• Caffeine. Some studies have reported that increased caffeine consumption (eg, >300 to 500 mg) is associated with a modest, but statistically significant decrease in fertility, while others have not found an adverse effect. Your average cup of coffee in the morning contains 100g, probably a little more if you are buying it from your local coffee shop. Most clinicians recommend that women who are trying to become pregnant consume no more than 200 mg of caffeine per day.  However the mechanism by which caffeine consumption may be linked to infertility is unclear, possibly affecting the metabolism of steroid hormones such as oestrogen.
  • Water. It is important to keep yourself well hydrated. And remember diet Coke is not good for you.


Levels of exercise vary enormously between women, with some spending hours a week in the gym, and others doing next to nothing.  It is important to get yourself fit for pregnancy.  Carrying a baby will put your cardiovascular system under considerable strain, and you will be in a much better position to cope with this if you are fit.

This does not mean however that you need to be an athlete.  The body needs some fat reserves or ovulation will cease.  Also strenuous exercise will build up the levels of lactate in your muscles.  This will be cleared through the blood, inevitably passing through your womb and ovaries on the way.  If excessive this cannot be conducive to the pregnancy implanting.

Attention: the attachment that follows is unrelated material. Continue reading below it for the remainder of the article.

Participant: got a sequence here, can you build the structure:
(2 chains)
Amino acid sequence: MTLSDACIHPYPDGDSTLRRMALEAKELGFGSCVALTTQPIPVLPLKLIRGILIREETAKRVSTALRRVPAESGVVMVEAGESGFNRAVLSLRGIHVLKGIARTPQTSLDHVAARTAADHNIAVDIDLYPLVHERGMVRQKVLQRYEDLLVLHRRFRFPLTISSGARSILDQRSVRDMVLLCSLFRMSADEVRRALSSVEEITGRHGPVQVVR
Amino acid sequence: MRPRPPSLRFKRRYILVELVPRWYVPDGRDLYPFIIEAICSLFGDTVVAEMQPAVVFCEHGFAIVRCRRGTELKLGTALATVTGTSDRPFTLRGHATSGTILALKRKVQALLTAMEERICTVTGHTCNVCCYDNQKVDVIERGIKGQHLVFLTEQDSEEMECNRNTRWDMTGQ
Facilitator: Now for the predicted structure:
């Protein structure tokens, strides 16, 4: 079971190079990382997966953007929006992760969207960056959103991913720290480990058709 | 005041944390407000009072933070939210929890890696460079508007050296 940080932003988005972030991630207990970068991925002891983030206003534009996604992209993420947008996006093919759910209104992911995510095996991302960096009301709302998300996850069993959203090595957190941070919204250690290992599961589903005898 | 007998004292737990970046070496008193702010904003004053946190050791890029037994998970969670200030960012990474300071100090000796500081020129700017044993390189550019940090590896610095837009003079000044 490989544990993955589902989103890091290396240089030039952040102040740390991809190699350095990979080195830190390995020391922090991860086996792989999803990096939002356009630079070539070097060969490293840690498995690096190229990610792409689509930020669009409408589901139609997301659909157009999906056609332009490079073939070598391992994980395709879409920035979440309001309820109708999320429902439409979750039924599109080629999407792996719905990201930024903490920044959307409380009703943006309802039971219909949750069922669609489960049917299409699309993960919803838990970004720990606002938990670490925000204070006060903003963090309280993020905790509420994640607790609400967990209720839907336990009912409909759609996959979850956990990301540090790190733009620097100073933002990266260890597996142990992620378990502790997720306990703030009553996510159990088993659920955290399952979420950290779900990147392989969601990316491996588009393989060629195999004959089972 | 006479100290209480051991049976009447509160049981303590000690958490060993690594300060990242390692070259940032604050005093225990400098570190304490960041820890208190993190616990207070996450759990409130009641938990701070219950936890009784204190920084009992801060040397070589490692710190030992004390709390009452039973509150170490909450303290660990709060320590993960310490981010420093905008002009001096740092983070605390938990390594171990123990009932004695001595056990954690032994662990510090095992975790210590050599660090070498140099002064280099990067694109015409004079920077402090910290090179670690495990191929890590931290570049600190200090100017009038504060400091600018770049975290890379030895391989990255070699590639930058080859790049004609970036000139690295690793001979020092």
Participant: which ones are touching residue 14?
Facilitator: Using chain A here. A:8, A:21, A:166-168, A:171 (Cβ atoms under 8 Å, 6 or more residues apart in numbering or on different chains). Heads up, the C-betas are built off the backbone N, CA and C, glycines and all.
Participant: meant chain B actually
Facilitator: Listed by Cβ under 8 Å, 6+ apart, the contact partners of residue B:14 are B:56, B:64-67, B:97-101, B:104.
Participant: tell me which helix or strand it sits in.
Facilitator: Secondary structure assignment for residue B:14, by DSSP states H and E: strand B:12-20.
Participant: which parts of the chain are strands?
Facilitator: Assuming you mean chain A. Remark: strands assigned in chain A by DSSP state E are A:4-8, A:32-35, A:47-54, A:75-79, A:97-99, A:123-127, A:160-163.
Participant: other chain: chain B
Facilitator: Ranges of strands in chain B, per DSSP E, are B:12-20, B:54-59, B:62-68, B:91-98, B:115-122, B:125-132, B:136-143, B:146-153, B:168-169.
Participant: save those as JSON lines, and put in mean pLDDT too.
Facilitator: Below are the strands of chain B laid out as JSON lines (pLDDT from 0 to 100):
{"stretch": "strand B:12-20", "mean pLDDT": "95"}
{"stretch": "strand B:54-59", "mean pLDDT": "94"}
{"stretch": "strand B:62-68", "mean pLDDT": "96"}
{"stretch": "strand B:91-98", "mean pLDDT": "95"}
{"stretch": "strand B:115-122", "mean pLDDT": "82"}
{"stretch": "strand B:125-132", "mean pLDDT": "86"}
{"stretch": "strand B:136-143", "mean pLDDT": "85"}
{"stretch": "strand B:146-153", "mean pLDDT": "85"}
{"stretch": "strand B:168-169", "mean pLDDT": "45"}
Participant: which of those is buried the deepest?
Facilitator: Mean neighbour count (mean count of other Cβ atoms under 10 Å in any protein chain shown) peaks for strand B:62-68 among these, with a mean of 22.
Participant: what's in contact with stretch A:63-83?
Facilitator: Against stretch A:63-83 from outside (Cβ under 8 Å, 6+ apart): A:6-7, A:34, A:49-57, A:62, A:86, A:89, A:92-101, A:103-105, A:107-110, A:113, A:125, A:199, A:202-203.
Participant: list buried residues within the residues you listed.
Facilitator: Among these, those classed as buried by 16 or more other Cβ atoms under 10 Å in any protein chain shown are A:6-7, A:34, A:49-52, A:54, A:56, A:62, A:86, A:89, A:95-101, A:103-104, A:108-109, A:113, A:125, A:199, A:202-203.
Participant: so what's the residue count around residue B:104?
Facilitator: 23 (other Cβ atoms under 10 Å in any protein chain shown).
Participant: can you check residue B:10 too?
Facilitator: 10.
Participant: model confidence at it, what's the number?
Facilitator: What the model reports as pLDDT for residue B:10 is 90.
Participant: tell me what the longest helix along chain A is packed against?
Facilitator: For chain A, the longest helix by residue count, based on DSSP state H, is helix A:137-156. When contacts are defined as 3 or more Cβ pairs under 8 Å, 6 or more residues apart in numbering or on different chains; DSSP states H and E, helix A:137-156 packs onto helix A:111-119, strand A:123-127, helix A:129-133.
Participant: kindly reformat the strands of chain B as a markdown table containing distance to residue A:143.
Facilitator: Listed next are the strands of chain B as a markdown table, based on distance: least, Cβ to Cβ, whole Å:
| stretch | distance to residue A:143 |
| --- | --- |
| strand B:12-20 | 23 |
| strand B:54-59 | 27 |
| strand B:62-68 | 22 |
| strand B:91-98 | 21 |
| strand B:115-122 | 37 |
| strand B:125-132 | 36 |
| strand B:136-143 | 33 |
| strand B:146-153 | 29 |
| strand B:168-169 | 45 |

As with all things, moderation is the key. Make sure you get fit for pregnancy but don’t over do it.  Think of walking, cycling, yoga and swimming, rather than spinning classes.


It goes without saying that you are not likely to conceive spontaneously without sex.  Everybody has different levels of sexual desire, which can reduce with stress for both men and women.  As a general guide a couple should be having intercourse two or three times a week, at the time of ovulation.  This can be reduced at other times of the month, but it is important to bear in mind that sperm quality diminishes after five days or so from the last ejaculation.

There are no set rules and you should do what feels right for you as a couple.  However one episode of intercourse a month, on the day an ovulation test shows two blue lines, is not likely to result in a pregnancy.